GM announced this week that it will start selling policies directly to drivers through its new OnStar Insurance program. The company will start with its employees in Arizona and plans to expand to the general public by the end of 2021. This move has gotten some attention in mainstream sources like the Wall Street Journal.
The policies are underwritten by American Family Insurance affiliates and issued on its paper. In that sense, this partnership is an extension of the insurer/auto manufacturer data-sharing partnerships that have proliferated in recent years. Insurers have inked these deals to create a new way to collect driving data that’s easier for the driver than installing a device or downloading an app.
These deals have typically involved the original equipment manufacturers (OEMs) sharing driving data with the insurer, which can use it to score drivers and offer discounts. In GM’s case, it’s also been a marketing partner—you can head to OnStar.com and enter your state to find insurers that might offer you a discount if you’re a good driver.
What’s different about OnStar Insurance is that the OEM offers the policy under its own (subsidiary) brand, directly to the driver. It’s the logical extension of the relationship for both partners. For GM, it’s another way to monetize its data stream, which OEMs generally have trouble doing. AmFam gets additional marketing muscle and a new direct sales channel. This development was more of a “when” than an “if.”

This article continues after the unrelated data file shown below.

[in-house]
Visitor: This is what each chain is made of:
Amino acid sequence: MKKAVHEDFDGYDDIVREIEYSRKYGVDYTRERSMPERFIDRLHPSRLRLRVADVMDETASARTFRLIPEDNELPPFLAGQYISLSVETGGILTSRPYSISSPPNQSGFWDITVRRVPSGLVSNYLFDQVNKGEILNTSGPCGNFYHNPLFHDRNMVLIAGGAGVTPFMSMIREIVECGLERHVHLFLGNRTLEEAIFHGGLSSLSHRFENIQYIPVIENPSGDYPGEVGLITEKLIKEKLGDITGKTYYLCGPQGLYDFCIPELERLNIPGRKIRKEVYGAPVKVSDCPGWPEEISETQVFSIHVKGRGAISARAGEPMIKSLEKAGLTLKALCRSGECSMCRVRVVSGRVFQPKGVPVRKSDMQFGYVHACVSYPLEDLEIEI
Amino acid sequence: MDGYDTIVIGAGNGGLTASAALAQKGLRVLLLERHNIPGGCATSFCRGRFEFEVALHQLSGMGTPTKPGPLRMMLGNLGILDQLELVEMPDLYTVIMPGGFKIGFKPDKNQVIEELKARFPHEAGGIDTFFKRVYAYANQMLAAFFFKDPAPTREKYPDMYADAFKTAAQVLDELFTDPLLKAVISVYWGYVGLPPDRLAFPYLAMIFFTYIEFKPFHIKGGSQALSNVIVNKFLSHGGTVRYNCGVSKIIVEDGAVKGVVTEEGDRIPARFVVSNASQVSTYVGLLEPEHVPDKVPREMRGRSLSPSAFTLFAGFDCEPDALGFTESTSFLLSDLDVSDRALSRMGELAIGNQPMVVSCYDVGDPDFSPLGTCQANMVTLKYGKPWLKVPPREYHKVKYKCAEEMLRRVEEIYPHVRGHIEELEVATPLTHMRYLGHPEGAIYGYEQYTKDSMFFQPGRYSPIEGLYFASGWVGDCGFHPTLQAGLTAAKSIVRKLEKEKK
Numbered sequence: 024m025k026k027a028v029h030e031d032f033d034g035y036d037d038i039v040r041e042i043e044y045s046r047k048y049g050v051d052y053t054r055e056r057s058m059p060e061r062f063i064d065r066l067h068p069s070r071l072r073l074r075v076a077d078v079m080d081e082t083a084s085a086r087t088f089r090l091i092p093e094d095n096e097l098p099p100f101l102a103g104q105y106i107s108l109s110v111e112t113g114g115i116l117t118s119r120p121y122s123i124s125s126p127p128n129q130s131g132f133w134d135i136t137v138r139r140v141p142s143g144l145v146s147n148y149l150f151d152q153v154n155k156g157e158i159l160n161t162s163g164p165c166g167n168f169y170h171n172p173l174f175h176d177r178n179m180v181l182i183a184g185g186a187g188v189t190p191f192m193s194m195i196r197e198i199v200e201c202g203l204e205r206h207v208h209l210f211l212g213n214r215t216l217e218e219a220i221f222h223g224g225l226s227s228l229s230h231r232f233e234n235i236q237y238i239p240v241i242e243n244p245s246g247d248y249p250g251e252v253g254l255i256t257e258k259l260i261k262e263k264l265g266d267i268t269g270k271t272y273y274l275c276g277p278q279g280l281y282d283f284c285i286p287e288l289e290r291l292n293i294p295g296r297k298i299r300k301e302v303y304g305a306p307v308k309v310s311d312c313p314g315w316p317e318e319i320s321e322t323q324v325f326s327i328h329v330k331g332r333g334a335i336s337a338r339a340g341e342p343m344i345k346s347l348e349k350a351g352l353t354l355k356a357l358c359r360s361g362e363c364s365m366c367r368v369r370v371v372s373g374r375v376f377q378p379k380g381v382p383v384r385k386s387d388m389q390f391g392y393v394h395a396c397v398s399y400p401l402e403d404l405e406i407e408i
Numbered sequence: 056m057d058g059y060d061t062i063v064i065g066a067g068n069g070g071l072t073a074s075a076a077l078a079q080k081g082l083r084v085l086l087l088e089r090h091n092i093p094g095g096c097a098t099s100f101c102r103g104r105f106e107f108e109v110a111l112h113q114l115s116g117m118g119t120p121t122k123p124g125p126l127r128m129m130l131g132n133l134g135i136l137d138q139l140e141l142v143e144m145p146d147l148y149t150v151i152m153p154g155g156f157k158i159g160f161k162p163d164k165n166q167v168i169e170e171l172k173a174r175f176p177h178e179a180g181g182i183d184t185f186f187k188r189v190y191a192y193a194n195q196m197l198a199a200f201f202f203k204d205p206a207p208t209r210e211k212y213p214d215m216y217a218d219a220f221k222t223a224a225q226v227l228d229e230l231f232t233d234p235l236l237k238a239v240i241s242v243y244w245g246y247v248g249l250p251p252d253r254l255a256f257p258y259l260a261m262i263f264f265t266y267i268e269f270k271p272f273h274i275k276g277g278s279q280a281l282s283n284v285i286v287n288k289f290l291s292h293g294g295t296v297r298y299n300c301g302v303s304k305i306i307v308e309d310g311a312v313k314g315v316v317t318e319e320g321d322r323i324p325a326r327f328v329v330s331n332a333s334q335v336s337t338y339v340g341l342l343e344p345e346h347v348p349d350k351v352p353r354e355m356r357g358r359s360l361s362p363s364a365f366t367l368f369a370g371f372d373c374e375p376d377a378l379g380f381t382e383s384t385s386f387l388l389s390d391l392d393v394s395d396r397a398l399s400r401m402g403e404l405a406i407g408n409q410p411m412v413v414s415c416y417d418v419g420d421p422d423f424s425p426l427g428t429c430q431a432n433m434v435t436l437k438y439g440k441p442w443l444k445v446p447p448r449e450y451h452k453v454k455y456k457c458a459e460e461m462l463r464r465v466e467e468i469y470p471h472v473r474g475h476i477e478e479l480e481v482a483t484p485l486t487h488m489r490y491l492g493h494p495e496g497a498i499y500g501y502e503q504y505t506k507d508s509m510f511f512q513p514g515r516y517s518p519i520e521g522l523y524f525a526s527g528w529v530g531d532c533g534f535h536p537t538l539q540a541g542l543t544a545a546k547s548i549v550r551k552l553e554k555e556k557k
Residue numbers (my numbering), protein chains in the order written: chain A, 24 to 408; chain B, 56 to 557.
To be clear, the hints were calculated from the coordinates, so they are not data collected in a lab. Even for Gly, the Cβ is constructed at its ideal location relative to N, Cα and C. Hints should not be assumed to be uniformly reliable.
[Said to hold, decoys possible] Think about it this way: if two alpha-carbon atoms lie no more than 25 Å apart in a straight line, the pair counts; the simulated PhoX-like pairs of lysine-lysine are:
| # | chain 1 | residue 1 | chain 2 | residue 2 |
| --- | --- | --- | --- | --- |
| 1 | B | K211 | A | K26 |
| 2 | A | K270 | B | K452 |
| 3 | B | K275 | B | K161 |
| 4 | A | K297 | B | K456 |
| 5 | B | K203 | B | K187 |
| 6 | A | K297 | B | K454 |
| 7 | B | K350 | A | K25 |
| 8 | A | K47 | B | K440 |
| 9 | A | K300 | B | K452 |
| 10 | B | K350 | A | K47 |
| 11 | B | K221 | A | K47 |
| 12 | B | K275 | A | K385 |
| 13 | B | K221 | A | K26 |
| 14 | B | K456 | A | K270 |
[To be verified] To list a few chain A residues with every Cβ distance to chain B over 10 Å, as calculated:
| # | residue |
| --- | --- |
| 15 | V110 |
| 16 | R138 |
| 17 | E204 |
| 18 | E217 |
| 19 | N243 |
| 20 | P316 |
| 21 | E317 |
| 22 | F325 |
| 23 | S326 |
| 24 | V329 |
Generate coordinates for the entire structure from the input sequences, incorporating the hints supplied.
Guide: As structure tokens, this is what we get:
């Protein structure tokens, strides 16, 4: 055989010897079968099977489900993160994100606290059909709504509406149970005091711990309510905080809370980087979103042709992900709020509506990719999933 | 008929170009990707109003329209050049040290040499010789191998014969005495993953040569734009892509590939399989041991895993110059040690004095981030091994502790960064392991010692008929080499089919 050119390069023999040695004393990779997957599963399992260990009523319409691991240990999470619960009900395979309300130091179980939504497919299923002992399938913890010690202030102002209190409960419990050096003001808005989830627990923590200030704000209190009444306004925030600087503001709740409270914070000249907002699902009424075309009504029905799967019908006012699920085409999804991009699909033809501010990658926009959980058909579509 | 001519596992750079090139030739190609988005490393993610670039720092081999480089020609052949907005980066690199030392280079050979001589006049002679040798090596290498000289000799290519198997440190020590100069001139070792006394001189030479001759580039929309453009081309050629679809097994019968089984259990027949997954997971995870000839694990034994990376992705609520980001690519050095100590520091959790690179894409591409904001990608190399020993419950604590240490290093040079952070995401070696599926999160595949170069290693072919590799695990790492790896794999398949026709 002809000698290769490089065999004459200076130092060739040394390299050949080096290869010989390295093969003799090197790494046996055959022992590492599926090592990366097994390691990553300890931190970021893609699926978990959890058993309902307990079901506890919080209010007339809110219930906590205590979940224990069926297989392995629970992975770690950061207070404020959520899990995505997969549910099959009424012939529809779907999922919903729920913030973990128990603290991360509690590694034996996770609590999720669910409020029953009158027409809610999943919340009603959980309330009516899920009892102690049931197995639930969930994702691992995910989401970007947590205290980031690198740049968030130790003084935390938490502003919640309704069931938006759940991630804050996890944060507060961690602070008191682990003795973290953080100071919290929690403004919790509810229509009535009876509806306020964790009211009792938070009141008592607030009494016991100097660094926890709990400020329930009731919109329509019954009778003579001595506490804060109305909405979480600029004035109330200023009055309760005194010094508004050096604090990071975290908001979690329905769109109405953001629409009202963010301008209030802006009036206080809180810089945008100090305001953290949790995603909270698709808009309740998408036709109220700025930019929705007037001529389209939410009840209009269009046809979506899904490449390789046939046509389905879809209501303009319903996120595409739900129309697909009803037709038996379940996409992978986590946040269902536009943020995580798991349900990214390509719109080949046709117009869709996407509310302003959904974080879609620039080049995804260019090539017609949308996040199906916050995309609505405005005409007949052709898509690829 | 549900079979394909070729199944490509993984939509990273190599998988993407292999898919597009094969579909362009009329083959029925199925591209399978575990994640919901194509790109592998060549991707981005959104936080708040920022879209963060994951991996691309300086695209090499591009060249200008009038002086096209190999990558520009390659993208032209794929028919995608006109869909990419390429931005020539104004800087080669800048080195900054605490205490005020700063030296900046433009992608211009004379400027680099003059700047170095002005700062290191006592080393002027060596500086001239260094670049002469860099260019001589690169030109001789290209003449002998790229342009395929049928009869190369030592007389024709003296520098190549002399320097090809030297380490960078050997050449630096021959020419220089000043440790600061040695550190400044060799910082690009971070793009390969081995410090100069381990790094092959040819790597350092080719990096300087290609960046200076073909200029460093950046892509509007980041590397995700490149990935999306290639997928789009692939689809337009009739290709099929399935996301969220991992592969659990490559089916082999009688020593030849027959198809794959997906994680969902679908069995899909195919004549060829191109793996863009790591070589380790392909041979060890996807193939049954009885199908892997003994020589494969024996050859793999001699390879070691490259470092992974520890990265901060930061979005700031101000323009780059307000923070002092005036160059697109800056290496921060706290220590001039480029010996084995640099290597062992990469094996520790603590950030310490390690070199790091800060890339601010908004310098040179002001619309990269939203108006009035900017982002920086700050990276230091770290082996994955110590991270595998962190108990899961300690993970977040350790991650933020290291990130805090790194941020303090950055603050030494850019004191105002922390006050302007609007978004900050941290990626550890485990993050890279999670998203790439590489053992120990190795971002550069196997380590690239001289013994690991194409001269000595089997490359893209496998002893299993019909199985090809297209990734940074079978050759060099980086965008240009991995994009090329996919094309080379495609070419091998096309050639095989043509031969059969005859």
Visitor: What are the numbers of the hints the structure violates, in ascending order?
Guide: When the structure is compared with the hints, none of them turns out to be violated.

Telematics is here to stay, but bullish mid-2010s projections for telematics adoption and growth haven’t materialized. OEM/insurer partnerships already had the potential to open up market space and reduce the barrier to entry; OEMs offering insurance directly to drivers may expand and accelerate this.
See also: The Evolution of Telematics Programs
How these policies are sold will be a significant factor. Most drivers opt into or out of OEM data sharing when they buy their vehicles; if these policies follow the same pattern, it will be on individual dealers to push the insurance offerings. On the other hand, it’s easy to imagine OnStar alerting a driver who’d agreed to share data but hadn’t bought OnStar Insurance that the drive could save X amount by switching.
User experience will also be a major determinant. GM currently plans to use OnStar to coach its drivers. That’s potentially a major plus, but only if the coaching is done well and the user experience (UX) is slick. Consumers have high expectations around digital experiences, and half-efforts won’t go over well.
Finally, one potential drawback: It looks like a major draw to OnStar Insurance will be price, which further cements the connection between telematics and discounts. Reward- and engagement-based telematics programs have been successful overseas, but they haven’t taken hold stateside. Anecdotally, insurers have told me that U.S. consumers expect upfront discounts as an incentive for enrollment in telematics-based insurance. Offerings like OnStar Insurance could further entrench the idea that telematics is all about exchanging data for money.
I recently published a report on telematics that covers these and other issues. Feel free to reach out to me with any questions!